30 November 2011

making faces :: little red book, part 8

bold eyes, red lips. normally a bad idea
the problem with wearing red lips all the time- if there is a problem- is that it tends to limit how imaginative you can get in other areas. for some, that's a good thing. a lot of people i've met over the years prefer to establish one look and return to that, possibly with very minor variations, every day. the reasons that i get for this are usually that it's quicker [although not wearing makeup at all would really be the fastest way out of the house] or that their face is always the same and so they get used to seeing it a certain way. i have to say that when i hear that, i picture those people as children in art class, drawing the same picture over and over again, because the paper always looked the same.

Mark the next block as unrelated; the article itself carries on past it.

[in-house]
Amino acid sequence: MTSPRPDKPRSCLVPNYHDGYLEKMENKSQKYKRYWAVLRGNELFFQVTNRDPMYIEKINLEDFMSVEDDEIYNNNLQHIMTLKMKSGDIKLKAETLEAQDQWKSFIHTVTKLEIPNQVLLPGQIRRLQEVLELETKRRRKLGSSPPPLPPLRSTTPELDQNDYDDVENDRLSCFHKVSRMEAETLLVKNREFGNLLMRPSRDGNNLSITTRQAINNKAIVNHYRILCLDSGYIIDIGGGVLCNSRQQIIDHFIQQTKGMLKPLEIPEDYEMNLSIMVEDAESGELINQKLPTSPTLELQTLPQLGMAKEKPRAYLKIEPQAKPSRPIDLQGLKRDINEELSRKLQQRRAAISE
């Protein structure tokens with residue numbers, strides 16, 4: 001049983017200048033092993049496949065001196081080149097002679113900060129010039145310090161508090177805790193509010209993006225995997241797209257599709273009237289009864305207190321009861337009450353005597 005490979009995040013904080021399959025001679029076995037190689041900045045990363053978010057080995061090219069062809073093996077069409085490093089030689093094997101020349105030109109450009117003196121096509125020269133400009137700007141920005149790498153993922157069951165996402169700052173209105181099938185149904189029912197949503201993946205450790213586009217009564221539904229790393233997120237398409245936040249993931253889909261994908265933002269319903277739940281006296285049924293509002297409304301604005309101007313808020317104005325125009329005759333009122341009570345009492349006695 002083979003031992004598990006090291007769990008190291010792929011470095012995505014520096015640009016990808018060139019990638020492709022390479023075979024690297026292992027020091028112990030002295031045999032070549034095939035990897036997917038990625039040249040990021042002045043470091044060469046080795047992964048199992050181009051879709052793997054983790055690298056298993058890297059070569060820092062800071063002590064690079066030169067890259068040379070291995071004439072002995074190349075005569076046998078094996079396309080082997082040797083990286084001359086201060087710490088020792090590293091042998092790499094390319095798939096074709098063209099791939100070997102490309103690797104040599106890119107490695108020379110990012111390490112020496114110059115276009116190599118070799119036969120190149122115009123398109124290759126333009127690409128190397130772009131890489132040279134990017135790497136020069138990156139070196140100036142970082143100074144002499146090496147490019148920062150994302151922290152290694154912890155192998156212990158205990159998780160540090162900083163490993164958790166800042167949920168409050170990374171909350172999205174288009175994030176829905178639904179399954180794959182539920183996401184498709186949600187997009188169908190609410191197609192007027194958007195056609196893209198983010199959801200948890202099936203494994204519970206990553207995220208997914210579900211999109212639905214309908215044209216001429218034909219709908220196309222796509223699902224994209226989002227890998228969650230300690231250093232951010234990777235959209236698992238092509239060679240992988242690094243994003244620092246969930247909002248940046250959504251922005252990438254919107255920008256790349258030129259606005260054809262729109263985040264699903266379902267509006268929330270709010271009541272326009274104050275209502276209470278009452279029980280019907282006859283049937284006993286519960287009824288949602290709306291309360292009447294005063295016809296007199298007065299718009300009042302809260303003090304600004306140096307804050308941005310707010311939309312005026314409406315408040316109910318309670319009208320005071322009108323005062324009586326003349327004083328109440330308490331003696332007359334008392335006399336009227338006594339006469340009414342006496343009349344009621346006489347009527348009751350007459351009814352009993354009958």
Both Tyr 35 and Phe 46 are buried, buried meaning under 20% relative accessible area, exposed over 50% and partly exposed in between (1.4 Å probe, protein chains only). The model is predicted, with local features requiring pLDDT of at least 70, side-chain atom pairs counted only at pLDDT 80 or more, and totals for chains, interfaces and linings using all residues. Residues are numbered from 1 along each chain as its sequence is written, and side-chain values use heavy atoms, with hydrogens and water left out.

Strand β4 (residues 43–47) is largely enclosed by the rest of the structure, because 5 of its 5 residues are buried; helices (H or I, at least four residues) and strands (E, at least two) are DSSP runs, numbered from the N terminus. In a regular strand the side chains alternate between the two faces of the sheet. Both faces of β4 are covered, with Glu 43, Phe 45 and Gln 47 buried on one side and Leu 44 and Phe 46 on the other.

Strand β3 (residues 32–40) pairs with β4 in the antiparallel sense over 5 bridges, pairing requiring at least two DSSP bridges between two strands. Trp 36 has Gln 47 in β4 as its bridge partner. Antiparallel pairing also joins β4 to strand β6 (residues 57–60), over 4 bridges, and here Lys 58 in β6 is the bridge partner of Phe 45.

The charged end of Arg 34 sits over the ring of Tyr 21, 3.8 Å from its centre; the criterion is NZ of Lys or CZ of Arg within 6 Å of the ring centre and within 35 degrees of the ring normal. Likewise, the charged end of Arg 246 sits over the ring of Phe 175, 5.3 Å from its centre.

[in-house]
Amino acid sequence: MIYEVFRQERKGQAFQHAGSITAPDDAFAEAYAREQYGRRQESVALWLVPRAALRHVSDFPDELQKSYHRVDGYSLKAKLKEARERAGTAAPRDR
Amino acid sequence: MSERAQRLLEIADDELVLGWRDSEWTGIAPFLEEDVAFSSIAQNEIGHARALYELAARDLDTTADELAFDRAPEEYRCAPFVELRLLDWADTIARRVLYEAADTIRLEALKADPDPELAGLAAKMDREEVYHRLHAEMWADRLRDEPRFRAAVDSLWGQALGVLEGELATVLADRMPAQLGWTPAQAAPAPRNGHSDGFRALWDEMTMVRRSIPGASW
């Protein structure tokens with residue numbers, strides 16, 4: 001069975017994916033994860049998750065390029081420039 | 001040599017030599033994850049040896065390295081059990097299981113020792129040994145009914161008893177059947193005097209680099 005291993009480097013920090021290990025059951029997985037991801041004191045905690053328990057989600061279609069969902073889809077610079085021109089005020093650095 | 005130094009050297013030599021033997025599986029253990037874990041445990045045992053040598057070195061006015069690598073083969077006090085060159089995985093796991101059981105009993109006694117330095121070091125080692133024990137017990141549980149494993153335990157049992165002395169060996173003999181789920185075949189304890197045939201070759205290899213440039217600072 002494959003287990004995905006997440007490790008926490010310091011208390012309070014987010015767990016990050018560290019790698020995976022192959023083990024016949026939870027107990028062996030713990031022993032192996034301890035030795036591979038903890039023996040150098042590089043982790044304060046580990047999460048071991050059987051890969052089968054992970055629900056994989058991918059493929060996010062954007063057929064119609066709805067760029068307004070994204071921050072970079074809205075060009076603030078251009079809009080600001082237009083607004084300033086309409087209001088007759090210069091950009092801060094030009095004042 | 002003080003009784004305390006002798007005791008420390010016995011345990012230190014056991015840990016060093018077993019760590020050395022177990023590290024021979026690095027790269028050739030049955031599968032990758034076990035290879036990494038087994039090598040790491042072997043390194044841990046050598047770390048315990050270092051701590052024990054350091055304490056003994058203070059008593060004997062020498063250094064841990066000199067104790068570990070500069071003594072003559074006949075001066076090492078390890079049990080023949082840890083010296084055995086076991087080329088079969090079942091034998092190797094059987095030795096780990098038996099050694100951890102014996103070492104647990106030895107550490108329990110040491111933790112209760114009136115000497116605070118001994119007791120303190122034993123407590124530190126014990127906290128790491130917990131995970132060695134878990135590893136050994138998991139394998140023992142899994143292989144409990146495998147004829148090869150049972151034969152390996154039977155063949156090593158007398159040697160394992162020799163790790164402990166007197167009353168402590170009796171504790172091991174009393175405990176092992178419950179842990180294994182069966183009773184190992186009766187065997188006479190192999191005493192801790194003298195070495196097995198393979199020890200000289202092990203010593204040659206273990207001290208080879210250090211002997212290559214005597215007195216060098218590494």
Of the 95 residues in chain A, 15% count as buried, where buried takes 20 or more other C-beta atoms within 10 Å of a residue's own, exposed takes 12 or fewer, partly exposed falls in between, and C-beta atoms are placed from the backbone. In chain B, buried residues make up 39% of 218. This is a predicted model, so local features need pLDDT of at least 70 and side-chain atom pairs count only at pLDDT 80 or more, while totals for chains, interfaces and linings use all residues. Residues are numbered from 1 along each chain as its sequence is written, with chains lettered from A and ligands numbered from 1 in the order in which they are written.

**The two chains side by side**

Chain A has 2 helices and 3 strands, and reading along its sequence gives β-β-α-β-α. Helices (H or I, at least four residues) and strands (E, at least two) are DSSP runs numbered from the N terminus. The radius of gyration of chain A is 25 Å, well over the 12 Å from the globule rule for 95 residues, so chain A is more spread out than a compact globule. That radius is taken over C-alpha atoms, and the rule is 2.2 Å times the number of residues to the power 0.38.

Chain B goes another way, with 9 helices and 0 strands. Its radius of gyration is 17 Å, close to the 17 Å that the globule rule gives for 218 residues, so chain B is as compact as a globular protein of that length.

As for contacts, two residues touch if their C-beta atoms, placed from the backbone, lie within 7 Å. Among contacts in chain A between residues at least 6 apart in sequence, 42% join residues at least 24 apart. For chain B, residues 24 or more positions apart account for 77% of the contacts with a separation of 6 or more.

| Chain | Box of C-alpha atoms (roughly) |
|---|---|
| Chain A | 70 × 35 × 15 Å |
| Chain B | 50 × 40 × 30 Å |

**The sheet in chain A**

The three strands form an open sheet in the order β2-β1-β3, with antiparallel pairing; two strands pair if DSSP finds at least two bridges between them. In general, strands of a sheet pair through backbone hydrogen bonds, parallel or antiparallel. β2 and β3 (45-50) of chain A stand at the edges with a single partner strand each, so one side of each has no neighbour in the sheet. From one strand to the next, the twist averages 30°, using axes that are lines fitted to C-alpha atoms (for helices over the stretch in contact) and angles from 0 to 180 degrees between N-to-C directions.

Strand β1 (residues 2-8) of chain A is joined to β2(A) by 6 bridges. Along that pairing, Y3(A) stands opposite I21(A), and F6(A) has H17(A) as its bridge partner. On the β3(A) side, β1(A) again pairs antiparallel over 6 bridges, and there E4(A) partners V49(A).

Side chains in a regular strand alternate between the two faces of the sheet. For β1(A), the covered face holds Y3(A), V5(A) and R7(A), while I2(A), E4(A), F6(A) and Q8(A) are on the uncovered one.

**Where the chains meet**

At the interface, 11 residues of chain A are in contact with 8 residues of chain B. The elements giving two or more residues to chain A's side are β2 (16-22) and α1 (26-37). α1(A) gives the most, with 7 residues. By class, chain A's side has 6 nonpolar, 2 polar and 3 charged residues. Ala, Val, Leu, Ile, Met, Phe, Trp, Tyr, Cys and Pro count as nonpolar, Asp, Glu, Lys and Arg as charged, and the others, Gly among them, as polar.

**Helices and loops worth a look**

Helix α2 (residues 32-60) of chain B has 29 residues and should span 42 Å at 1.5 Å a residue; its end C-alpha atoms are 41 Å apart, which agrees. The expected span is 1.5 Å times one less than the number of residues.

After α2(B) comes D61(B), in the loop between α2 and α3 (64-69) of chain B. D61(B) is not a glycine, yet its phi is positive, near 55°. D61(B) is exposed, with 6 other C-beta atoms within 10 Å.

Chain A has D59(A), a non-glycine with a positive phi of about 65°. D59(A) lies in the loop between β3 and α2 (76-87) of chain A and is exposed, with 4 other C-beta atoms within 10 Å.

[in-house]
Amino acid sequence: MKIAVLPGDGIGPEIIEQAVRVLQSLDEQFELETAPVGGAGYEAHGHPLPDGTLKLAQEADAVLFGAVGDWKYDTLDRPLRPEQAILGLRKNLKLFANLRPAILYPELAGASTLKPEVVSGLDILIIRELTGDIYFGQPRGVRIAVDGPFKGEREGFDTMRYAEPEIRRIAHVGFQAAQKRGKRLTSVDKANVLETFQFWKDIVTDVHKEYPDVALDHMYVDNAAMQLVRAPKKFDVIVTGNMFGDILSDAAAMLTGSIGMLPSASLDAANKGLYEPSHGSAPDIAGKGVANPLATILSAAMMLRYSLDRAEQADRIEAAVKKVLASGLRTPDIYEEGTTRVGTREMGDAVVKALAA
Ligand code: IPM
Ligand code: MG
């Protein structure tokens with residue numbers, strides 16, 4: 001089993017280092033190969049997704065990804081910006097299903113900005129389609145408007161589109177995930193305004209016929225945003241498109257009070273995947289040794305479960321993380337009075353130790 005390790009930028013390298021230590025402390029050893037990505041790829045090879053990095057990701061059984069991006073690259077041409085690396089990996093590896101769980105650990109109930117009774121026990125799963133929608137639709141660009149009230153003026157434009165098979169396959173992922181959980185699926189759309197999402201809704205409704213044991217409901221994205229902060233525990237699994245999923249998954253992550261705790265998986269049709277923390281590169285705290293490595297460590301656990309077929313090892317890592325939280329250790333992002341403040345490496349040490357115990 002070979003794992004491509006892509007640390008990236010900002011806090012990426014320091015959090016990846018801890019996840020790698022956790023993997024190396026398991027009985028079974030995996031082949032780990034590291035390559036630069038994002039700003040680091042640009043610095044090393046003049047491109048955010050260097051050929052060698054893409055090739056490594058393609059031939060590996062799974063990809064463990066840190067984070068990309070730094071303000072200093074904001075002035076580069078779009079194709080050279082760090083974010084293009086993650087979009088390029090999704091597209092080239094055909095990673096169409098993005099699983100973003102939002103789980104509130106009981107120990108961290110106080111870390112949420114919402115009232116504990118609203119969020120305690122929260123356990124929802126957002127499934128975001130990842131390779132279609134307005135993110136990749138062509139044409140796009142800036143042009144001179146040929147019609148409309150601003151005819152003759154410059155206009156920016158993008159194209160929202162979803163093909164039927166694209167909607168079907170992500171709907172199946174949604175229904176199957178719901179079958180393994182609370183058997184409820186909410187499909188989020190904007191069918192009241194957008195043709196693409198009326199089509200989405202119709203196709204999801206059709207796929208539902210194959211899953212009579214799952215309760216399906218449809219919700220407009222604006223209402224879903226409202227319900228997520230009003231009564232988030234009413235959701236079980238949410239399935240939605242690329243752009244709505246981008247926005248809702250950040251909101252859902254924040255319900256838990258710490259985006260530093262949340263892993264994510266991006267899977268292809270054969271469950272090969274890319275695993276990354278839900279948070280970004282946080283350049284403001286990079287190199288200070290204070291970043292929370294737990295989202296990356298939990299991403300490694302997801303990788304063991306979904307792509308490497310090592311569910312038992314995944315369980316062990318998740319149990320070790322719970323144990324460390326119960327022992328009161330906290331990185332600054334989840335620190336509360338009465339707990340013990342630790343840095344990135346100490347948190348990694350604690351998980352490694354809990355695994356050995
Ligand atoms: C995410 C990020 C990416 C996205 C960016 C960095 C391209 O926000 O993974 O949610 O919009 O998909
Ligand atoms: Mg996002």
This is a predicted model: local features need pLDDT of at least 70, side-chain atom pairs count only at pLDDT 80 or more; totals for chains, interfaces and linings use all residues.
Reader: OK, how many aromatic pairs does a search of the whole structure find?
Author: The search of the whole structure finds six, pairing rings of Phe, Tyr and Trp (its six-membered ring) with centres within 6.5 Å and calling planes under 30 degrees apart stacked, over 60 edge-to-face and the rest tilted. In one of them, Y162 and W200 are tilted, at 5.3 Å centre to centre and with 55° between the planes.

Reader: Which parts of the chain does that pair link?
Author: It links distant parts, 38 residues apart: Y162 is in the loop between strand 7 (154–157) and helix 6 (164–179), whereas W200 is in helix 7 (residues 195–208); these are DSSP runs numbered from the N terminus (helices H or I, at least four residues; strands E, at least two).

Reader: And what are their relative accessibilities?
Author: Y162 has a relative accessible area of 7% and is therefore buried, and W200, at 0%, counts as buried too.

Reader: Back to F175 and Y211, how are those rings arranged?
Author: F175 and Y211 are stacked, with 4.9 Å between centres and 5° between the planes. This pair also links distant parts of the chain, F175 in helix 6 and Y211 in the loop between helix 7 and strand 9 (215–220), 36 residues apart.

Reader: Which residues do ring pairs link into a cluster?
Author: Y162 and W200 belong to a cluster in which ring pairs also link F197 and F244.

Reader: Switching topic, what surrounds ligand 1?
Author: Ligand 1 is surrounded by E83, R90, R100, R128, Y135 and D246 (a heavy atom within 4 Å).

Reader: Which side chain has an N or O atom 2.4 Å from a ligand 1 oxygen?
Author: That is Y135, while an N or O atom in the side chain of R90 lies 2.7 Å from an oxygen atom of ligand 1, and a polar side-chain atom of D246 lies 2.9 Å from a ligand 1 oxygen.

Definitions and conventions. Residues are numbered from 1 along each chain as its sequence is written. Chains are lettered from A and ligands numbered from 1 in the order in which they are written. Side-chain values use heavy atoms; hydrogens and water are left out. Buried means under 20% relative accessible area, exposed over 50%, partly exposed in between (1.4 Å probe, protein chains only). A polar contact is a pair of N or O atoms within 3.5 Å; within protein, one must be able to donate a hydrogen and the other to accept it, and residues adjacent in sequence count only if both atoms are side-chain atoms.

but i get it. when you find a particular arrangement of colours, light and shadow that hides what needs to be hidden and calls attention to your assets, there are a lot of reasons to keep right on riding that wave. and the fact is that various shades of red, even more subdued ones, look really nice with understated, neutral eye makeup. but for those of us who like to play with all our crayons, we're usually forced to relinquish the reds when we start getting too wild with the other colours.

usually.

can you feel the dynamism?

my work here is done